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Using Bayesian Classifiers to Combine Rules
 In Working Notes of MRDM04
, 2004
"... Abstract. One of the most popular techniques for multirelational data mining is Inductive Logic Programming (ILP). Given a set of positive and negative examples, an ILP system ideally finds a logical description of the underlying data model that discriminates the positive examples from the negative ..."
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Cited by 8 (4 self)
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Abstract. One of the most popular techniques for multirelational data mining is Inductive Logic Programming (ILP). Given a set of positive and negative examples, an ILP system ideally finds a logical description of the underlying data model that discriminates the positive examples from the negative examples. However, in multirelational data mining, one often has to deal with erroneous and missing information. ILP systems can still be useful by generating rules that captures the main relationships in the system. An important question is how to combine these rules to form an accurate classifier. An interesting approach to this problem is to use Bayes Net based classifiers. We compare Naïve Bayes, Tree Augmented Naïve Bayes (TAN) and the Sparse Candidate algorithm to a voting classifier. We also show that a full classifier can be implemented as a CLP(BN) program [14], giving some insight on how to pursue further improvements. 1
Towards Feature Selection for DiskBased Multirelational Learners: A Case Study with a Boosting Algorithm
, 2003
"... Feature selection is an important issue for any learning algorithm, since reduced feature sets lead to an improvement in learning time, reduced model complexity and, in many cases, a reduced risk of overfitting. When performing feature selection for RAMbased learning algorithms, we typically assume ..."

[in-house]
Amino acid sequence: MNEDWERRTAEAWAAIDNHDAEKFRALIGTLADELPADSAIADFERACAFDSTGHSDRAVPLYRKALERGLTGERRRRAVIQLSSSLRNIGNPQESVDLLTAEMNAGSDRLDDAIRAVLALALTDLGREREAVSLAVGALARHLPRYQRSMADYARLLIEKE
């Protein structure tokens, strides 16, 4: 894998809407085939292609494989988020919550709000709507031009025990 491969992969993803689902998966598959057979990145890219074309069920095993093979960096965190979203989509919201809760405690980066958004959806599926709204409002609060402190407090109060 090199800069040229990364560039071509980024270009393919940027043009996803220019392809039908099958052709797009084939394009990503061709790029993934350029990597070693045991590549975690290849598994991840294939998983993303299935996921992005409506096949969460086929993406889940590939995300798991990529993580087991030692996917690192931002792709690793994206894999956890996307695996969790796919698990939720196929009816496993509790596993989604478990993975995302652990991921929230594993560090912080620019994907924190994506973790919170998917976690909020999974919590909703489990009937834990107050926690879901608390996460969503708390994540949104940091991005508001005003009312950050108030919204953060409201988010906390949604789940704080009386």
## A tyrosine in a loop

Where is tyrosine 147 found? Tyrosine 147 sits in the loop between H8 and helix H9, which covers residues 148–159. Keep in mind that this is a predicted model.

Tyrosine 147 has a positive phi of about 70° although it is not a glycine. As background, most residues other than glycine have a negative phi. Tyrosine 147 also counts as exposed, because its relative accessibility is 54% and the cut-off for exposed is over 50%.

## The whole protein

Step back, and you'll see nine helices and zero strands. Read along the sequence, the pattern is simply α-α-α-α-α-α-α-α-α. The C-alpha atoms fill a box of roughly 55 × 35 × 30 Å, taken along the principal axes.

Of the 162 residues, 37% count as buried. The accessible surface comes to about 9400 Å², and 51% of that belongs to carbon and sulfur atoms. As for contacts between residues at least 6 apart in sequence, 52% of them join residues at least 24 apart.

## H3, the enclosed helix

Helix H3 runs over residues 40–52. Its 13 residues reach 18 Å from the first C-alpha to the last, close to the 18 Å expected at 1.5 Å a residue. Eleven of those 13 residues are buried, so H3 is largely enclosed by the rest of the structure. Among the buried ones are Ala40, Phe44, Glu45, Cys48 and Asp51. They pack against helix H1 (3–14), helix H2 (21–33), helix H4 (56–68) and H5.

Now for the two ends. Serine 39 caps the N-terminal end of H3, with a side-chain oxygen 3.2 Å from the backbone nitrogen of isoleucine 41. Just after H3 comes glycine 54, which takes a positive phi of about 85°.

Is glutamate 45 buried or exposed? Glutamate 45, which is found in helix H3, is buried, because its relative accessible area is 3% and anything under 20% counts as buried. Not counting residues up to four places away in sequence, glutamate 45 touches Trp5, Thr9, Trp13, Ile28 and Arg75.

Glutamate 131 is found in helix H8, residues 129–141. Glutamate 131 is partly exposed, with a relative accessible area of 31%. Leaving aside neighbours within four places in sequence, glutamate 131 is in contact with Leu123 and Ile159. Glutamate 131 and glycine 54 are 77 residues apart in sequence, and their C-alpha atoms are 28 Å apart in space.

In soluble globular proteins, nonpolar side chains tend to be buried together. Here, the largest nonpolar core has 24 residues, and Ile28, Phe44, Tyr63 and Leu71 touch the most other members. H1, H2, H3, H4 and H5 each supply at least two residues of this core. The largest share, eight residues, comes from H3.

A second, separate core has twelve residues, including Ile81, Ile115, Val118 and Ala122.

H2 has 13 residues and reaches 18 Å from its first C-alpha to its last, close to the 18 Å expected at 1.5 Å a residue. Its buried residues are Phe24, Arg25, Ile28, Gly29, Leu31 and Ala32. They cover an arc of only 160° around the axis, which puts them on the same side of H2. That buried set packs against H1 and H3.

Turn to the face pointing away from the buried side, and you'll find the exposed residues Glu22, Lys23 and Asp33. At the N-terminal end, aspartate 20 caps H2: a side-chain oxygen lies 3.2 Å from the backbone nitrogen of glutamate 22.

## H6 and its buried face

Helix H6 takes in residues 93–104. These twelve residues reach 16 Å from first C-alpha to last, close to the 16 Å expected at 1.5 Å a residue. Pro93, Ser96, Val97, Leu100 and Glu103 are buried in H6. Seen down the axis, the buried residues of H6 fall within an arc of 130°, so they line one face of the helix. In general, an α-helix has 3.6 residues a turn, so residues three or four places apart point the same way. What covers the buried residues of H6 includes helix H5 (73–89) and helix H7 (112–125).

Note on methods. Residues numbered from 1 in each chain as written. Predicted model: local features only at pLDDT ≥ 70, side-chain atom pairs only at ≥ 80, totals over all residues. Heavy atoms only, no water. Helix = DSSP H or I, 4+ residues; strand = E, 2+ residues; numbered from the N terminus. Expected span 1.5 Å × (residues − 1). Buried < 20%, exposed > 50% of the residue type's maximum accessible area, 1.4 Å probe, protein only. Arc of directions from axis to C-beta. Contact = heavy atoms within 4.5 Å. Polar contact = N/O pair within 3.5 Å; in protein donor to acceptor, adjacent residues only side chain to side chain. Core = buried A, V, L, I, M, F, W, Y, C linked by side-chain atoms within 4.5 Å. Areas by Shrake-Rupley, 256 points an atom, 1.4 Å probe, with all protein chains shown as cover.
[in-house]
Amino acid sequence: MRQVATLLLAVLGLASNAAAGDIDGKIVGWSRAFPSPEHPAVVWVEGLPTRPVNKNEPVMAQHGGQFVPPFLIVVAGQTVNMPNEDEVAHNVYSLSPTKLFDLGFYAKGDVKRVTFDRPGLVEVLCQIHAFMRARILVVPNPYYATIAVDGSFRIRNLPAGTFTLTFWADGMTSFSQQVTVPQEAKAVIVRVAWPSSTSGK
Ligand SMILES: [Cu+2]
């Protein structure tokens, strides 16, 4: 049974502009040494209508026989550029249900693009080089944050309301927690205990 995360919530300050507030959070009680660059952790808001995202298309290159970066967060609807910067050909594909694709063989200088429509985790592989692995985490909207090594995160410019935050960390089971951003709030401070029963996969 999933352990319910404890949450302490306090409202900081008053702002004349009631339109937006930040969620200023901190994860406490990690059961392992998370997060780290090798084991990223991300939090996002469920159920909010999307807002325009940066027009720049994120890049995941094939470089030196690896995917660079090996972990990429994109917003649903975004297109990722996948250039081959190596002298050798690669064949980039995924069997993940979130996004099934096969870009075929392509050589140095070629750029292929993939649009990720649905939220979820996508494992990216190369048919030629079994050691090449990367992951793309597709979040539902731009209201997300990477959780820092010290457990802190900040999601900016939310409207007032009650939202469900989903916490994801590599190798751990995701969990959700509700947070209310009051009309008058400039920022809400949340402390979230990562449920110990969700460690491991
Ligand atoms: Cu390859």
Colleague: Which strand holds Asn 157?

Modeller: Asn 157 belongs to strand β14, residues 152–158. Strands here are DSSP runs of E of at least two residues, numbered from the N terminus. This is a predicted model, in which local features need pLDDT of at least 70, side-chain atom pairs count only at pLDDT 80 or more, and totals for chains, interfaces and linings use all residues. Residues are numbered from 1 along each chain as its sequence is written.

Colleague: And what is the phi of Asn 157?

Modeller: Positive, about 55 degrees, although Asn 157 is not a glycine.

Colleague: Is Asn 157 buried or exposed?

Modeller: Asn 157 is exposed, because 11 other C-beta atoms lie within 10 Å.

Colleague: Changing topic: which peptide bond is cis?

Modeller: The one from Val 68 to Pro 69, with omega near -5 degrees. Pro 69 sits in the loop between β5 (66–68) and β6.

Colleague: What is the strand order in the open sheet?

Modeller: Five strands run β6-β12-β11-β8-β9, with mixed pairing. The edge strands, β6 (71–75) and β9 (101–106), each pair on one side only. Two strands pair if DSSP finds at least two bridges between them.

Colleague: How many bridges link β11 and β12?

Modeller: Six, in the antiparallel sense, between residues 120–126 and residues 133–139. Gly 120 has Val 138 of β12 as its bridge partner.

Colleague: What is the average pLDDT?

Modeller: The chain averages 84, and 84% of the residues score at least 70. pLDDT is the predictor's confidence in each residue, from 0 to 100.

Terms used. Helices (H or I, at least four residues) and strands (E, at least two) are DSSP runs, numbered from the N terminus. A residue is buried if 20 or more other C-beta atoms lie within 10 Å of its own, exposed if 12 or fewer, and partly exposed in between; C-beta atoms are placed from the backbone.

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Feature selection is an important issue for any learning algorithm, since reduced feature sets lead to an improvement in learning time, reduced model complexity and, in many cases, a reduced risk of overfitting. When performing feature selection for RAMbased learning algorithms, we typically assume that the cost of accessing each feature is uniform. In multirelational data mining, especially when data are to be held in a relational database management system (RDBMS), this is no longer the case. The dominant cost in such a setting is the scan of a relation, so that the cost of using a feature from a relation that needs to be scanned anyway is comparatively small, whereas adding a feature from a relation that has not been used before is high. This means that existing work on feature selection using the uniform cost assumption may not be applicable in a diskbased setting. In this paper, we report the results of a case study that extends prior work on multirelational feature selection, in particular, in the context of a boosting algorithm. As shown by our study, using the previously developed strategies on average leads to larger numbers of relations that need to be considered and loaded into memory, and thus higher cost in a diskbased setting. Instead, a simple relationoriented strategy can be used to minimize cost of accessing additional relations. We describe experimental results to show how this basic strategy interacts with the feature selection variants proposed previously, and show that significant gains are made even in a mainmemory setting.
Random Relational Rules
"... Exhaustive search in relational learning is generally infeasible, therefore some form of heuristic search is usually employed, such as in FOIL[1]. On the other hand, socalled stochastic discrimination provides a framework for combining arbitrary numbers of weak classifiers (in this case randomly ge ..."
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Exhaustive search in relational learning is generally infeasible, therefore some form of heuristic search is usually employed, such as in FOIL[1]. On the other hand, socalled stochastic discrimination provides a framework for combining arbitrary numbers of weak classifiers (in this case randomly generated relational